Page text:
Buoyed by Afrobeats producer Sarz’ nostalgic, ’80s-influenced production, the Nigerian-born, London-based singer turns his attention to romance, exploring a gentler side of his voice.
On last year’s soul-baring Which Way Is Forward?, Obongjayar brought a light touch to weighty subjects like racism, war, and the desperation of making ends meet. One of the most striking things about that record is how the Nigerian-born, London-based artist, aka Steven Umoh, manages to express such lofty ideas with such graceful economy. He has a poetic ear—“The night had us drinking soap/To wash off the ugly,” he sings on “Frens”—and an angelic voice, husky and sweet.
But Sweetness, a four-track EP with Afrobeats producer Sarz, whose credits include records with WizKid, Drake, and Skepta, shows a different side of the singer. The most immediate difference is thematic: In place of songs about self-knowledge and social ills, Obongjayar turns his attention to romance. He rhapsodizes about a lover on the title track, his voice slipping into falsetto as he sings, “Taste like strawberry, mango, pineapple juice,” tapping into the age-old conceit of comparing an object of affection with inanimate objects. On “Gone Girl,” he bemoans the growing distance between himself and his partner: “Baby, lately when I hold you, you’re/Missing, I wish you were here,” he sings mournfully, before slipping into a ghostly chorus whose repetition of the word “zombie” faintly echoes Fela Kuti’s incendiary classic.
But the more important changes are stylistic. Obongjayar’s husky voice has mellowed, developing a whispery flourish. Perhaps that’s a reflection of his newfound vulnerability, or perhaps it’s a response to Sarz’ influence. On previous records, Obongjayar favored minimalist production that made voice the center of attention. But Sarz’ beats, while smooth, are more muscular. In taking over the console, Sarz has allowed Obongjayar to stretch out and explore the nuances of his voice.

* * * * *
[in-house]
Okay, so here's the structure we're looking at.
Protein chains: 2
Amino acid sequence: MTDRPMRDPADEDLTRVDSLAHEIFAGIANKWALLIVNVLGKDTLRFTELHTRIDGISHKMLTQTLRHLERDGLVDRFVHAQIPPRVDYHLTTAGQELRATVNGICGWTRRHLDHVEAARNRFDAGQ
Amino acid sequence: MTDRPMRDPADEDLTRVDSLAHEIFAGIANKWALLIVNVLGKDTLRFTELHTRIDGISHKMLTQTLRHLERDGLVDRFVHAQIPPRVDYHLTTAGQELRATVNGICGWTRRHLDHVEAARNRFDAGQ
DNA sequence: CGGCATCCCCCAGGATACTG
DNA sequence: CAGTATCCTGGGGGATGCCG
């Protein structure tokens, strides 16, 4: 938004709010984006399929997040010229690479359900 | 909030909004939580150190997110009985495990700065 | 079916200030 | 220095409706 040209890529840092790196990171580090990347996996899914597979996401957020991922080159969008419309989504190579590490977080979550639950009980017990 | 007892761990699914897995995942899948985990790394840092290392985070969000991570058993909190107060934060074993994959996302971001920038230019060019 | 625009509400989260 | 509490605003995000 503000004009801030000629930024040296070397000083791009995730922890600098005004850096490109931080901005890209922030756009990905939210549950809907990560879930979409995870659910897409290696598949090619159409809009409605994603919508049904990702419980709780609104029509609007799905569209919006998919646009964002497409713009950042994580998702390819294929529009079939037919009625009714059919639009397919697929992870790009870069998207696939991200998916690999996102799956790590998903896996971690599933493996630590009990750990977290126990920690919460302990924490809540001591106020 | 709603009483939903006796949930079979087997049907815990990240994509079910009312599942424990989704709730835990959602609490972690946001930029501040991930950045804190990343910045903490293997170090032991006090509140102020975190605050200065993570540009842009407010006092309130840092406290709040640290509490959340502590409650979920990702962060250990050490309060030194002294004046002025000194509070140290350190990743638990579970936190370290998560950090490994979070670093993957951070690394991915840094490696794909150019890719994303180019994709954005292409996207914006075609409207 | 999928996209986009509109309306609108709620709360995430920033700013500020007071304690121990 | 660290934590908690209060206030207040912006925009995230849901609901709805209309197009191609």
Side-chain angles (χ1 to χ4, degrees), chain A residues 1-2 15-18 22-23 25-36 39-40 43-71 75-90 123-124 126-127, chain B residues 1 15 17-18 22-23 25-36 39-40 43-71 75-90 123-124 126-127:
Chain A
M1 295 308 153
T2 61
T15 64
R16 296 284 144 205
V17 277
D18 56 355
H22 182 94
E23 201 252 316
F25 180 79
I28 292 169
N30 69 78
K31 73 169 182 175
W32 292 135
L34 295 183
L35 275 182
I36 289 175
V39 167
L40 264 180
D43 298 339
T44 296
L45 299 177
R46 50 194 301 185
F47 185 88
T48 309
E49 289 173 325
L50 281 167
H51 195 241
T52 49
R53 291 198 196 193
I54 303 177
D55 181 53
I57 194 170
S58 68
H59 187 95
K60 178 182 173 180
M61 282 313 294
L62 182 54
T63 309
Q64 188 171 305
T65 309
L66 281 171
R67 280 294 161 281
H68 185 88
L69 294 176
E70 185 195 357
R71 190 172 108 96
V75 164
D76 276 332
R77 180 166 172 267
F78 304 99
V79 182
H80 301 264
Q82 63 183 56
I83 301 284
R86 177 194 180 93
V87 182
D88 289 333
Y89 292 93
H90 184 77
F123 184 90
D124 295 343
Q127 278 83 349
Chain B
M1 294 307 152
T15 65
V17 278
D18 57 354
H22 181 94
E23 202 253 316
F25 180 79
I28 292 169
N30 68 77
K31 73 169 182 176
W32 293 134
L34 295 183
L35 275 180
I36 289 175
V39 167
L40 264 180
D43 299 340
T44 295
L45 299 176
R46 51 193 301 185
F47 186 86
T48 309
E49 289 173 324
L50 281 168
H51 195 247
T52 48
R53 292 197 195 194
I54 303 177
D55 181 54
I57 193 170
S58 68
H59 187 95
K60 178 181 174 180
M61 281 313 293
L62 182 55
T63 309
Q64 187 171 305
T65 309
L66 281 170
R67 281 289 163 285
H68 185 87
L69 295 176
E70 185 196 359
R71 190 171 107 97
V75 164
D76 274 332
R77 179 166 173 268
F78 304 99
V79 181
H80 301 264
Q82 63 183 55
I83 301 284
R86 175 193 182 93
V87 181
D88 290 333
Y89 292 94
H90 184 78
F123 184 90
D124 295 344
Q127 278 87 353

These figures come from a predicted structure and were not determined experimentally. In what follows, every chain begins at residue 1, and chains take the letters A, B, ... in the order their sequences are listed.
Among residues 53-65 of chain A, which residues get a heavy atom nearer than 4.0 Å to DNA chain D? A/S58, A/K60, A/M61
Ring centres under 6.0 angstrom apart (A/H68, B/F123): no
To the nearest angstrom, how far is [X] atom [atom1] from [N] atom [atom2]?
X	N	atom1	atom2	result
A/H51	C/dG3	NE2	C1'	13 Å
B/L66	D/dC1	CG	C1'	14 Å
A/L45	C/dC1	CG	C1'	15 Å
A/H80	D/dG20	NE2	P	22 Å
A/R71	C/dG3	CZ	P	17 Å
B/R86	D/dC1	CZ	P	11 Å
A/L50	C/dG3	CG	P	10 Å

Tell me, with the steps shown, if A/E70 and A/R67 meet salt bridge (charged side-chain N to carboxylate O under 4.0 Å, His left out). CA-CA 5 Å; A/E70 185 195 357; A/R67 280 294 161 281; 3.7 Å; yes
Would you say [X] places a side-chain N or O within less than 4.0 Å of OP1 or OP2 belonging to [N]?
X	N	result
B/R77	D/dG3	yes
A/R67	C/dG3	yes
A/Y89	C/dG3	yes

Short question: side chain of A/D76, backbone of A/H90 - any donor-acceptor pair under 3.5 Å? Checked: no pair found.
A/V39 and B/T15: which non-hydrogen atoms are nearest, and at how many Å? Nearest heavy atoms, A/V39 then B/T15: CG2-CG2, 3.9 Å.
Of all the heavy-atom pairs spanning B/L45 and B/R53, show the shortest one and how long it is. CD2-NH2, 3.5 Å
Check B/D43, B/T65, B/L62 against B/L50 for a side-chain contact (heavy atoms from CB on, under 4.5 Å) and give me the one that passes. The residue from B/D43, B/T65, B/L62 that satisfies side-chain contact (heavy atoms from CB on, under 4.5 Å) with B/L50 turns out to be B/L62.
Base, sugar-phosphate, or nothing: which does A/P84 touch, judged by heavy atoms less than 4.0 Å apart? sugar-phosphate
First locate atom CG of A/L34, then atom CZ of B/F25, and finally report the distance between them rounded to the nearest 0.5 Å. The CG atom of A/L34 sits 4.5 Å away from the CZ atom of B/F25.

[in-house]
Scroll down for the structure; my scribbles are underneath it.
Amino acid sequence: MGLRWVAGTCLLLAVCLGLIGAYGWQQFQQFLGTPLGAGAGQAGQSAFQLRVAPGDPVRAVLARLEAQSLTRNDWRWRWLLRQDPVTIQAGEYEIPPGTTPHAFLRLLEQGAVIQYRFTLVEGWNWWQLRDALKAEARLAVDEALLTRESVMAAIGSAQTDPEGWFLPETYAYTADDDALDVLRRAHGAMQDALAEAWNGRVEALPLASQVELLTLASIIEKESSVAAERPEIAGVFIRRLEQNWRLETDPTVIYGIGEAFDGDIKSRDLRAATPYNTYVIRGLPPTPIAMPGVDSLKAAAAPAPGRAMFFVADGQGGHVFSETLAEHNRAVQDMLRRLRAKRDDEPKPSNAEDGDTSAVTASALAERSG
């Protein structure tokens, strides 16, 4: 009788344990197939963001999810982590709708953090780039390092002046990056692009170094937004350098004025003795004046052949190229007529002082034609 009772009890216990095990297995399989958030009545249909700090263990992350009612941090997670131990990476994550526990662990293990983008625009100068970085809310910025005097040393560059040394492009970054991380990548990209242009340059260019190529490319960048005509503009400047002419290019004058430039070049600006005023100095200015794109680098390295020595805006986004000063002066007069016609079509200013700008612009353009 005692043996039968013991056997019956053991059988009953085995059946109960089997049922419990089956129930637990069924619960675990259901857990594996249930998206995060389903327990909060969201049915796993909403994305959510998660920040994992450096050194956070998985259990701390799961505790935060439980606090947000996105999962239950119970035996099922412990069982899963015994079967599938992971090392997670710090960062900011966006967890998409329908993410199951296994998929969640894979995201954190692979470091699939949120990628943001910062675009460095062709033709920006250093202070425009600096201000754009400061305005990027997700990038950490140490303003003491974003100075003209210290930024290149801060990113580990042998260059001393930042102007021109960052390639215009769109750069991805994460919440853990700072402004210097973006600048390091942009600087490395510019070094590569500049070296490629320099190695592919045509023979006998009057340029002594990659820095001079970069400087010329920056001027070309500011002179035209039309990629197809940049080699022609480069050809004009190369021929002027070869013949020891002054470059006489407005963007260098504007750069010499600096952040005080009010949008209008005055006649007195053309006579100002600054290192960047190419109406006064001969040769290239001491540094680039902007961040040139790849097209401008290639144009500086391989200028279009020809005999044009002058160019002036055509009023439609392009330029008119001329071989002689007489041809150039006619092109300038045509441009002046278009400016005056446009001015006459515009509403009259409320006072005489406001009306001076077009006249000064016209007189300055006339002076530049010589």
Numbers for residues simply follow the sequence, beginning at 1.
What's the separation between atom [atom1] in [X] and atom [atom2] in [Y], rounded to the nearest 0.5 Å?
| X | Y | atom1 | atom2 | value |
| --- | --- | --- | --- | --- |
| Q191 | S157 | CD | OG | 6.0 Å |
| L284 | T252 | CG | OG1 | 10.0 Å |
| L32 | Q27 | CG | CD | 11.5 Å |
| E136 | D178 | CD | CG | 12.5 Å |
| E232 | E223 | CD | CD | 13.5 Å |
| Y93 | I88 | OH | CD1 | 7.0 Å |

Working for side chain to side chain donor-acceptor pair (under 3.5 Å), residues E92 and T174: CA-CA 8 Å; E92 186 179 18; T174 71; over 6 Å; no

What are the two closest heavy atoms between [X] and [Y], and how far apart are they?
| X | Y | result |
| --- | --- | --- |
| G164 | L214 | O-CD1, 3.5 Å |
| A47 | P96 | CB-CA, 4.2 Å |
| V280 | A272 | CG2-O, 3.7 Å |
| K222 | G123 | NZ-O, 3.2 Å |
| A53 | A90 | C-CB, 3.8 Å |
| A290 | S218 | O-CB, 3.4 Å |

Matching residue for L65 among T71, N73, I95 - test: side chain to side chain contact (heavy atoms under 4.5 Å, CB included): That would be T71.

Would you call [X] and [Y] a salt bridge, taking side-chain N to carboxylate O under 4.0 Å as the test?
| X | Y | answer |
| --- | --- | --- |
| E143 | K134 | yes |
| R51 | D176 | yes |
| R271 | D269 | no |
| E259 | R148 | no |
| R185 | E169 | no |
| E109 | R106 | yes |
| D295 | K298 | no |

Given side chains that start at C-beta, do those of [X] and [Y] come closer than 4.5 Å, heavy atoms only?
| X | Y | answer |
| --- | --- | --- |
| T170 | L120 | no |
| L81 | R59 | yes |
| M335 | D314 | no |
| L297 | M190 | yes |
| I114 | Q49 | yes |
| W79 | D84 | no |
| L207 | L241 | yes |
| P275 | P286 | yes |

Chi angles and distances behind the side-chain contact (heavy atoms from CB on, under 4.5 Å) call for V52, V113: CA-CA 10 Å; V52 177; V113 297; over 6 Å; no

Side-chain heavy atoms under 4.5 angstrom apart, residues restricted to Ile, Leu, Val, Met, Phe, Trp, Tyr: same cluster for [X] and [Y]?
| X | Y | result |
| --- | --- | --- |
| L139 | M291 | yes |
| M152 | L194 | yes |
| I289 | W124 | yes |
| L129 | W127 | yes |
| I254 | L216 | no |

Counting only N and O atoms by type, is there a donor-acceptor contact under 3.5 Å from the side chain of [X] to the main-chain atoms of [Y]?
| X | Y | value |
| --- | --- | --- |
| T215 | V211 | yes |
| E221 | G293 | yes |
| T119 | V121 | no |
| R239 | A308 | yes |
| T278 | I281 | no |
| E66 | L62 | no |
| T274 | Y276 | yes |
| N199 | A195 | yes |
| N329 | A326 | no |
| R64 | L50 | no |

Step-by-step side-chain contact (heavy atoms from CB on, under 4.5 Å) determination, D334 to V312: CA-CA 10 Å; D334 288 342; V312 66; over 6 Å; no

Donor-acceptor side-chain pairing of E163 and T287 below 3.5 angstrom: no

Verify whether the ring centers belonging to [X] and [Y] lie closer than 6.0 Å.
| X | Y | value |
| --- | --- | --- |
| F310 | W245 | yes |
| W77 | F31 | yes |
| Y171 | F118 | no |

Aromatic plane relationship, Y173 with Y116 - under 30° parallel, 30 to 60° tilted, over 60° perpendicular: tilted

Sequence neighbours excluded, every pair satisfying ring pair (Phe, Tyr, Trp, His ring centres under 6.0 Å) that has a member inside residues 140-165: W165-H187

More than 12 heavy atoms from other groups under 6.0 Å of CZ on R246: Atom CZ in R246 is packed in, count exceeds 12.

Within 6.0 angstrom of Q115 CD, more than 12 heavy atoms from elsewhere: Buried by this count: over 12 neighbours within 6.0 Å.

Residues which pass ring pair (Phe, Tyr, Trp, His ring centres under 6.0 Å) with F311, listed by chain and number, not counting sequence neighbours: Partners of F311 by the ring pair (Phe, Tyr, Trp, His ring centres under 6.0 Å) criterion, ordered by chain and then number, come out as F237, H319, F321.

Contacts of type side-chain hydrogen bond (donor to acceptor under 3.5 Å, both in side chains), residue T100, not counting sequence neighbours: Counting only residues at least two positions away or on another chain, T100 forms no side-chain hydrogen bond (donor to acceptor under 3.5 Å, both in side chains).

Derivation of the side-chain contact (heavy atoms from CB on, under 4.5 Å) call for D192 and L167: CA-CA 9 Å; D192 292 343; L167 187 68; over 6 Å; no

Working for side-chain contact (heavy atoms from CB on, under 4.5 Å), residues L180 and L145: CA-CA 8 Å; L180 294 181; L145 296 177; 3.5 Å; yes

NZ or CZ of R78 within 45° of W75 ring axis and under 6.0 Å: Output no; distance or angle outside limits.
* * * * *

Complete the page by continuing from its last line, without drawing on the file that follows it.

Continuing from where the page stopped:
The mood is surprisingly nostalgic. The first three songs borrow heavily from ’80s R&B. “Sweetness” is built around chiming keys and staccato synth bass; the moodier “Gone Girl” loops Obongjayar’s falsetto around a slow yet driving 4/4 beat; “If You Say” sounds inspired by early Sade. But the closing “Nobody” breaks from the template. Sarz’ crisp percussion returns to the fore, balancing dembow syncopations with a steady house groove. The change in style seems to have had a liberating effect on Obongjayar, who rises to the occasion with some of his most playful verses on the record, lyrically (“Body like sin/She put it on me/She make an angel catch a felony”) but also tonally, as he dances around the spaces in the beats. If Sweetness’ first three tracks sent Obongjayar and Sarz looking to the past for inspiration, on “Nobody” they are doing what both do best: mapping out a new musical future.